The state must protect the most vulnerable among us. That was the point Gov. Andrew Cuomo made Thursday at the .
He presented legislation at a press conference that would strengthen standards and practices for protecting people with special needs and disabilities.
"I will not allow a patient in the care of this state to be abused. Period," Cuomo said to applause from the audience assembled in Maura Hall.
The proposed legislation will create a Justice Center for the Protection of People with Special Needs, which will have a special prosecutor and inspector general. They will investigate reports of abuse and neglect, eventually prosecuting allegations that rise to the level of a crime.
Cuomo said that for the 17 months he has been governor he has been trying to undo the damage caused by years of apathy and neglect, particularly where the economy is concerned.
But he said this legislation is a 180-degree turn from what the state normally does and will affect over 1 million New Yorkers and their families.
Making criminal cases out of suspected abuse or neglect is extremely difficult, Cuomo said, reminding the audience that he was a district attorney.
"So let's set up a special prosecutor who specializes in these types of cases," he said.
Part of the presentation of the proposed law was a Rye mother—Kathy Salom—who spoke of her son David, who is now 35 and is in a state-run facility for the disabled.
Salom talked about her son being physically injured "at the hands of someone who was supposed to be caring for him."
She said the health-care worker scratched David's face, did not have the injury treated and allowed it to become infected.
Salom filed charges, but after a 15-month investigation they were dismissed, because there were no corroborating witnesses.
"This is why we need the Justice Center," she said.
Other components of the proposed legislation include:
- Creation of a statewide 24/7 hotline staffed by professionals to ensure abuse allegation are promptly reported to law enforcement
- Development of a register of workers who have committed serious acts of abuse who will be prevented from working again with people with disabilities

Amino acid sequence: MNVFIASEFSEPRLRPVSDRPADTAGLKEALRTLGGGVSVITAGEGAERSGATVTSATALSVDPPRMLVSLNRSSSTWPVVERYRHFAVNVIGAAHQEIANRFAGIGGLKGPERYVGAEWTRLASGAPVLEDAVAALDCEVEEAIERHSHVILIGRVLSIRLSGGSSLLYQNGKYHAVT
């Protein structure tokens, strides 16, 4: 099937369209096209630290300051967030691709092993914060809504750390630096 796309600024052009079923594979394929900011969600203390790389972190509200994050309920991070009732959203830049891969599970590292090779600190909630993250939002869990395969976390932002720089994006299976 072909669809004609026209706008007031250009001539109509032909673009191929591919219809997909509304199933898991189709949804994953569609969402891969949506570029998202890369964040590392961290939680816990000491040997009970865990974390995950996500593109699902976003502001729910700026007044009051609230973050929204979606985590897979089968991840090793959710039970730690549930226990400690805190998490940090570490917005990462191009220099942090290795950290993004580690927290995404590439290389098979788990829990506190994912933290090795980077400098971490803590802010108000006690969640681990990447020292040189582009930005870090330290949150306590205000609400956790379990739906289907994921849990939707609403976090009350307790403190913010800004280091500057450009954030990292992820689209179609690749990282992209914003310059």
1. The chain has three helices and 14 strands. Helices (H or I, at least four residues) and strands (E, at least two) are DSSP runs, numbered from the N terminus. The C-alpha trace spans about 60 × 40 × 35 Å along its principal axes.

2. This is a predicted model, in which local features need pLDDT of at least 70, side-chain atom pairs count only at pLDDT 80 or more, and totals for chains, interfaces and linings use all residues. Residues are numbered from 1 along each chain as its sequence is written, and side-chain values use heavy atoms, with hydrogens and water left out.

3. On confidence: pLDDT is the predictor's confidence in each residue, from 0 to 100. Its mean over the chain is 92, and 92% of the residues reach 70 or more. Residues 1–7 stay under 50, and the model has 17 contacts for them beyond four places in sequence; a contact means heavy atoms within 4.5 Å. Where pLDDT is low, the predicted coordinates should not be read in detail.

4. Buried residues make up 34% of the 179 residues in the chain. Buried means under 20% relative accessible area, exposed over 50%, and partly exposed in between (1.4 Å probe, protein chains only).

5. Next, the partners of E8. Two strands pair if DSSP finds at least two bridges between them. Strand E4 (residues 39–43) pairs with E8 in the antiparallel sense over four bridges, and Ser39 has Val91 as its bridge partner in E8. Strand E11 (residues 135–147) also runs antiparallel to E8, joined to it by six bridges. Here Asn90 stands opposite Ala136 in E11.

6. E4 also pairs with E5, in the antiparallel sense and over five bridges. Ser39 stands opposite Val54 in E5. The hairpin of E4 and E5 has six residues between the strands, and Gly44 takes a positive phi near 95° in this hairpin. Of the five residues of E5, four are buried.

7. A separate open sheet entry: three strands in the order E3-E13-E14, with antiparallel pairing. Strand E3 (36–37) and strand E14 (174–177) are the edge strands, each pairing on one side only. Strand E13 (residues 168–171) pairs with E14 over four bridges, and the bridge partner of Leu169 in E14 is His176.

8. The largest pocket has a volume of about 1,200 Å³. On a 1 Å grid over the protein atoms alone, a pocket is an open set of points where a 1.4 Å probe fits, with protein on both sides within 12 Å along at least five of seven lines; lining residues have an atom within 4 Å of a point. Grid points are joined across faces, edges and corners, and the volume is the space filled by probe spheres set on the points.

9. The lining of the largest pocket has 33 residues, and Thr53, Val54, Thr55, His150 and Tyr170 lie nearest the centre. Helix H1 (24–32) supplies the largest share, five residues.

- Development of common standards for investigations
- Consolidation of background check procedures
- Creation of a code of conduct for all individuals who work with people with disabilities
At times leading the applause for Cuomo's presentation were 12 people from the Yonkers Jawonio Advocacy Group.
, which started in Rockland County, has service locations in Rockland and Westchester counties in New York and Bergen and Passaic counties in New Jersey.
Chief Communications Officer Diana Hess said she was just as engaged watching the YJAG members react to the governor's speech as she was with what was being proposed.
"They were standing and cheering the governor as he spoke," Hess said.
She said she thought the legislation was groundbreaking and would affect and impact the people her organization serves, along with the 1,000 staff members, who she calls "the heart and soul of Jawonio."
Cuomo is hoping the state legislature will be able to consider and pass the proposed law before its session is over in seven weeks.
"We either pass the law in the next seven weeks or we have to wait until January," he said. He added that someone said to him that "the devil is in the details" and it might take time to sort the legislation out.
"Well, the devil is in the abuse," Cuomo said, "and the devil is in the delay to wait one year to pass the law. If you are being abused, one year is a lifetime.
"I want this law passed and I want this law passed now," Cuomo said.
Jawonio's Hess said that she thinks the bill can be passed in such a short timeframe.
She said Cuomo urged people at the presentation at the College of New Rochelle to lobby their public officials.
"He said if we do what we do, then I think it's going to happen," Hess said. "I don't think we can wait if there are cases where people have been neglected."